When, as shadow indigenous health minister in 2009, Abbott was reminded by the United Nations Special Rapporteur on Indigenous people that the Howard government’s fraudulent “intervention” was racist, he told Professor James Anaya to “get a life” and “stop listening to the old victim brigade”. The distinguished Anaya had just been to Utopia, a vast region in the Northern Territory, where I filmed the evidence of the racism and forced deprivation that had so shocked him and millions of viewers around the world. “Malnutrition”, a GP in central Australia told me, “is common.”

Today, as Abbott poses for the camera with children in Arnhem Land, the children of Utopia are being denied access to safe and clean drinking water. For 10 weeks, communities have had no running water. A new bore would cost just $35,000. Scabies and more trachoma are the result. (For perspective, consider that the Labor government’s last Indigenous Affairs minister, Jenny Macklin, spent $331,144 refurbishing her office in Canberra).

In 2012, Olga Havnen, a senior Northern Territory government official, revealed that more than $80 million was spent on the surveillance of families and the removal of children compared with just $500,000 on supporting the same impoverished families. Her warning of a second Stolen Generation led to her sacking. This week in Sydney, Amnesty and a group known as Grandmothers Against Removals presented further evidence that the number of Indigenous children being taken from their families, often violently, is greater than at any time in Australia’s colonial history.

Will Tony Abbott, self-proclaimed friend of Indigenous people, step in and defend these families? On the contrary, in his May budget, Abbott cut $536 million from the “needs” of Indigenous people over the next five years, a quarter of which was for health provision.  Far from being an Indigenous “friend”, Abbott’s government is continuing the theft of Indigenous land with a confidence trick called “99-year leases”.  In return for surrendering their country — the essence of Aboriginality — communities will receive morsels of rent, which the government will take from Indigenous mining royalties. Perhaps only in Australia can such deceit masquerade as policy.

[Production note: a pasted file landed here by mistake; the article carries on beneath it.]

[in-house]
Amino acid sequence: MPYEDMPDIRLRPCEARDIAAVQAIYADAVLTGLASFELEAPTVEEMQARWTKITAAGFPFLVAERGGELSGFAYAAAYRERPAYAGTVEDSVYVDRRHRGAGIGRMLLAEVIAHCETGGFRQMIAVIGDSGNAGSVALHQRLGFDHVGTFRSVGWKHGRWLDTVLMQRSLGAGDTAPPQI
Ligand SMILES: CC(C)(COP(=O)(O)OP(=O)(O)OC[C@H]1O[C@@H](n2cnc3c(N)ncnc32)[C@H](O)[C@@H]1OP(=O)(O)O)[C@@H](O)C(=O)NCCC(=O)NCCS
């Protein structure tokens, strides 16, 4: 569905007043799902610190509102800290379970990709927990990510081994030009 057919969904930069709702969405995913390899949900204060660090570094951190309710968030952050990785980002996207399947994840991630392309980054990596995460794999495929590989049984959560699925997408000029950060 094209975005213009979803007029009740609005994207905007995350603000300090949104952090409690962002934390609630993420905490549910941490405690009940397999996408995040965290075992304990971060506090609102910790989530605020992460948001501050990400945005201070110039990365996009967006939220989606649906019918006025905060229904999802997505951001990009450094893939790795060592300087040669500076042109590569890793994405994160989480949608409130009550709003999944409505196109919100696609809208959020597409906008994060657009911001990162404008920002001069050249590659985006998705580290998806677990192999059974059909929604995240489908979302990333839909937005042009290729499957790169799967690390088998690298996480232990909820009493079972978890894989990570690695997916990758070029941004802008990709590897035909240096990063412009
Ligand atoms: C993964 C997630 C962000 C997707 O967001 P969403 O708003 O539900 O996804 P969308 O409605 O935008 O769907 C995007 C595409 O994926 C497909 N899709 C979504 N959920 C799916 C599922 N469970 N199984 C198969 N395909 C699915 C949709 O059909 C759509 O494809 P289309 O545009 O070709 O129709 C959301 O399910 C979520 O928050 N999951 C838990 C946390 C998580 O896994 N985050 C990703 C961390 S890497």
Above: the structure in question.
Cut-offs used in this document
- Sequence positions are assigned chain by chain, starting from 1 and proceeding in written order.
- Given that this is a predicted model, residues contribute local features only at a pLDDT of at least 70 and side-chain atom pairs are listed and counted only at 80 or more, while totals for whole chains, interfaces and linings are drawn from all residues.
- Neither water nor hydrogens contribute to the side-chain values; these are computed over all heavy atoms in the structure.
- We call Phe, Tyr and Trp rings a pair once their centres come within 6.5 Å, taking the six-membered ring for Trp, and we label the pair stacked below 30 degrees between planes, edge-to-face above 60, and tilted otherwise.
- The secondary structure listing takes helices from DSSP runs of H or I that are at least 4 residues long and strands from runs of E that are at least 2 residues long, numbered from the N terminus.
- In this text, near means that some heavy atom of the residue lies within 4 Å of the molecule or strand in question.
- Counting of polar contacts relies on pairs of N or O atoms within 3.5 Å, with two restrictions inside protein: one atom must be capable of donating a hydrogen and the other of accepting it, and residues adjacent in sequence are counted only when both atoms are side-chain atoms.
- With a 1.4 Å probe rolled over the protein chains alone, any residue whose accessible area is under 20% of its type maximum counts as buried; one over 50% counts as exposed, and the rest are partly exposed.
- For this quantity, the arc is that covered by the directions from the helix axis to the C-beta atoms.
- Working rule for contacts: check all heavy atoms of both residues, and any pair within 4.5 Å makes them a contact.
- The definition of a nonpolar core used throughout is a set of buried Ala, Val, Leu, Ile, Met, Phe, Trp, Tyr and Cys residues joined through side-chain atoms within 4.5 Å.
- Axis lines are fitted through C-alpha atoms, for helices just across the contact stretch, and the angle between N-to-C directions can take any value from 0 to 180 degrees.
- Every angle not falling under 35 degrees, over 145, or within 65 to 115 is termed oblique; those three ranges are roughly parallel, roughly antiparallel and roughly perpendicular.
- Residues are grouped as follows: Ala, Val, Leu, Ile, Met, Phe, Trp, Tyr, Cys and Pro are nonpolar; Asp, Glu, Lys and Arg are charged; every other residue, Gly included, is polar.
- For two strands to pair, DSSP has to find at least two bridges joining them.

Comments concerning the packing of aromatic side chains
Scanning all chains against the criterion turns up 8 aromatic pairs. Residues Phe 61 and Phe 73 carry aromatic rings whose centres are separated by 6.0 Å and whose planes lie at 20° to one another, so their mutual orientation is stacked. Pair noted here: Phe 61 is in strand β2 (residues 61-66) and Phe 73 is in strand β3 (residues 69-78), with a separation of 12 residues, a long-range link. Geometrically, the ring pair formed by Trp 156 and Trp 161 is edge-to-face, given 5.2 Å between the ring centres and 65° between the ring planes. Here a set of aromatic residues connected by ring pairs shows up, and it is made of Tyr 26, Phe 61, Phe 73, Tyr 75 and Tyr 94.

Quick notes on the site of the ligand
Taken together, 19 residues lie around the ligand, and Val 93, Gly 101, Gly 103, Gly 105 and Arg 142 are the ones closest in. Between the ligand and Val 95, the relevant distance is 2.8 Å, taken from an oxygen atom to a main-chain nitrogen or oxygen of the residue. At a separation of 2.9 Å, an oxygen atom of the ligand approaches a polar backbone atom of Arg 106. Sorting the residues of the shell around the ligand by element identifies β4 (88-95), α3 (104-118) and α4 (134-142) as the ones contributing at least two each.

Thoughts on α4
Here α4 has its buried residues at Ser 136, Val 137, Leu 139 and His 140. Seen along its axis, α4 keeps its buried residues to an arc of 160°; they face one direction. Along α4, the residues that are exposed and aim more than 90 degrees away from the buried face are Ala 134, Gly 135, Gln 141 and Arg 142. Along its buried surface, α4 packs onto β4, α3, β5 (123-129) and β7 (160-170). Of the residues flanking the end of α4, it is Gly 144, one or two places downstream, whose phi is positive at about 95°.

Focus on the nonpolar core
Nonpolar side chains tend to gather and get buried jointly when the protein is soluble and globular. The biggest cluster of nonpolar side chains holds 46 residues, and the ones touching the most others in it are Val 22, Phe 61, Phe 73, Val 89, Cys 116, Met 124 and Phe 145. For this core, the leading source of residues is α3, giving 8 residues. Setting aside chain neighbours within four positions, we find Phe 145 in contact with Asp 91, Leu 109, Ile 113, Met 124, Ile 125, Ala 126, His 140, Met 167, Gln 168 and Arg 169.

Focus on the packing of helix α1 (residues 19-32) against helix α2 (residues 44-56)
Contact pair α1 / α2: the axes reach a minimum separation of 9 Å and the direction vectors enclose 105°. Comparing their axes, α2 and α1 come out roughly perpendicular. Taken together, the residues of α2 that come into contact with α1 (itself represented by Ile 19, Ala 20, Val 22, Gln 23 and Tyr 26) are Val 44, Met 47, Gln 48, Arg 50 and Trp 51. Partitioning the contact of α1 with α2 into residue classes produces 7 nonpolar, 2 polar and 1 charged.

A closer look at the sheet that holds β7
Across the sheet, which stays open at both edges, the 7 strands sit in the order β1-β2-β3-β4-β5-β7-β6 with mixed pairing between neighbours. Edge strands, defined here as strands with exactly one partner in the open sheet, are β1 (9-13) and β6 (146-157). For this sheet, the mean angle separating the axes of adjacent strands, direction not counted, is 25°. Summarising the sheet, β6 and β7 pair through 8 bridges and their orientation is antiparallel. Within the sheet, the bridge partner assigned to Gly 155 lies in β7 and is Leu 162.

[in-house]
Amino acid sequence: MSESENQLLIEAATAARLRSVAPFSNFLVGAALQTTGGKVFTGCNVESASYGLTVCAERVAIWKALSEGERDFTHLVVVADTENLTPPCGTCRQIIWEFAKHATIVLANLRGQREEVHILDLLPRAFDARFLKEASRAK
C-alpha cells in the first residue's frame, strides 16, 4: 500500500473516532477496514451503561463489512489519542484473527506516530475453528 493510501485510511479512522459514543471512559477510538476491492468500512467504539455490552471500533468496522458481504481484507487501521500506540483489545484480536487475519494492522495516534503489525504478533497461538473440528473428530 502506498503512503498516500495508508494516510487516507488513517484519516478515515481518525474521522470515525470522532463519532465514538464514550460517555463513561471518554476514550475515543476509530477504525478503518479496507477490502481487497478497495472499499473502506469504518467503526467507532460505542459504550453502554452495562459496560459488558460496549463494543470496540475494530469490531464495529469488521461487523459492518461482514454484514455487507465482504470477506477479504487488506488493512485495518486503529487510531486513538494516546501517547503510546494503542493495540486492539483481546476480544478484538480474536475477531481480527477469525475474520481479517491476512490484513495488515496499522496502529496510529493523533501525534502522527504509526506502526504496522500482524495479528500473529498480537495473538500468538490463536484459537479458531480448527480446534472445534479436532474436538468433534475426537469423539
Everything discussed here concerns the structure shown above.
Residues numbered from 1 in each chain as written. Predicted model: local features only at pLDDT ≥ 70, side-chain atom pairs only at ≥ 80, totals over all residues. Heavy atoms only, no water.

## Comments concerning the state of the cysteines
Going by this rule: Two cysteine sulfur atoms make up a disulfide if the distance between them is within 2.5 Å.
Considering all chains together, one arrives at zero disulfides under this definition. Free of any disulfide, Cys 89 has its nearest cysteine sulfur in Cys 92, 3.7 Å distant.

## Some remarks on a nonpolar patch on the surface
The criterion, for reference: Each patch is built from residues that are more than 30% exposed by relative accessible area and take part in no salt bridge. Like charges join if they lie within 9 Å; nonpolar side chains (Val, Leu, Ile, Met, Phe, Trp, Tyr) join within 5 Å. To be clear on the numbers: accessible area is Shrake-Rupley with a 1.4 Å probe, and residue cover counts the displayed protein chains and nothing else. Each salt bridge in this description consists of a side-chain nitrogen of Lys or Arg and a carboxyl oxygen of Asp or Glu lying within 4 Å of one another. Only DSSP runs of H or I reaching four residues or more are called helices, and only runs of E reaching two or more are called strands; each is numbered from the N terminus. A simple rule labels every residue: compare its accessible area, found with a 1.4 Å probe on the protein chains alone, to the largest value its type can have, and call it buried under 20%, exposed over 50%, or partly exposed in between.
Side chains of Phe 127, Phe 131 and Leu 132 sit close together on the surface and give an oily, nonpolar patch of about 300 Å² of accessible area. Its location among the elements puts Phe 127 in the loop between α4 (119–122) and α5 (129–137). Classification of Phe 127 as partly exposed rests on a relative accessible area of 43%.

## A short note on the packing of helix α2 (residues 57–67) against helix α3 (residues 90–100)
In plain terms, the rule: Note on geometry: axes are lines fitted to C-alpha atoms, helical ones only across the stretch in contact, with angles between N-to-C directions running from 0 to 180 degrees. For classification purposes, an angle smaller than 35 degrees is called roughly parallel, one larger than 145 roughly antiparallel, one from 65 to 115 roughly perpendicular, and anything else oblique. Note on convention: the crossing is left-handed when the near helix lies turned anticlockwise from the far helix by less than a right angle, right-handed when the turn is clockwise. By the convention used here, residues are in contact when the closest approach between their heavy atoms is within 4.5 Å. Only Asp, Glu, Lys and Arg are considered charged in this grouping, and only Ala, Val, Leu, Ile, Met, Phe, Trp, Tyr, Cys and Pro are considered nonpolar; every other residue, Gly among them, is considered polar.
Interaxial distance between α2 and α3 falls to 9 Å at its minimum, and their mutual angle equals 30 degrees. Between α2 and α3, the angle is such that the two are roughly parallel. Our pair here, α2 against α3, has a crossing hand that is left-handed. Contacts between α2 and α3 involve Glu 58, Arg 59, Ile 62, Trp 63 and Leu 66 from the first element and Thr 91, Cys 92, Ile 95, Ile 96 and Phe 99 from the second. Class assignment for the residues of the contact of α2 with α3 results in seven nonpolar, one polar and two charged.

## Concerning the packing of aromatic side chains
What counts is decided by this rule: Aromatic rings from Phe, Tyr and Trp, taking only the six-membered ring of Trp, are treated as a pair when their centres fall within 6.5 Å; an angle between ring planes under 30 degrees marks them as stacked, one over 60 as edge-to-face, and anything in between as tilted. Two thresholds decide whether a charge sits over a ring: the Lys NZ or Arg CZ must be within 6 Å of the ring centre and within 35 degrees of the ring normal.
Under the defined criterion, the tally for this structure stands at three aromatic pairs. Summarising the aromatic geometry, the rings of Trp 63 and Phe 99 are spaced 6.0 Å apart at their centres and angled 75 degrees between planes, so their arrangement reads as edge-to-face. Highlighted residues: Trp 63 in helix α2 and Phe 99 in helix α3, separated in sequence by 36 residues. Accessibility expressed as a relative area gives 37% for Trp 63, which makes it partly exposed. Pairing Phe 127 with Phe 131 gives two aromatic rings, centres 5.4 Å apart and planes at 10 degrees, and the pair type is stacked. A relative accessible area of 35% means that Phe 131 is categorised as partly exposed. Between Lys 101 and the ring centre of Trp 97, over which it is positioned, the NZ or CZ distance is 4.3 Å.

Similarly, Abbott appears to be supporting constitutional reform that will “recognise” Indigenous people in a proposed referendum. The “Recognise” campaign consists of familiar gestures and tokenism, promoted by a PR campaign “around which the nation can rally”, according to the Sydney Morning Herald — meaning the majority, or those who care, can feel they are doing something while doing nothing.

During all the years I have been reporting and filming Indigenous Australia, one “need” has struck me as paramount. A treaty. By that I mean an effective Indigenous bill of rights: land rights, resources rights, health rights, education rights, housing rights, and more. None of the “advances” of recent years, such as Native Title, has delivered the rights and services most Australians take for granted.

As Arrente/Amatjere leader Rosalie Kunoth-Monks says: “We never ceded ownership of this land. This remains our land, and we need to negotiate a lawful treaty with those who seized our land.”  A great many if not most Indigenous Australians agree with her; and a campaign for a treaty — all but ignored by the media — is growing fast, especially among the savvy Indigenous young unrepresented by co-opted “leaders” who tell white society what it wants to hear. That Australia has a prime minister who described this country as “unsettled” until the British came indicates the urgency of true reform — the end of paternalism and the enactment of a treaty negotiated between equals.  For until we, who came later, give back to the first Australians their nationhood, we can never claim our own.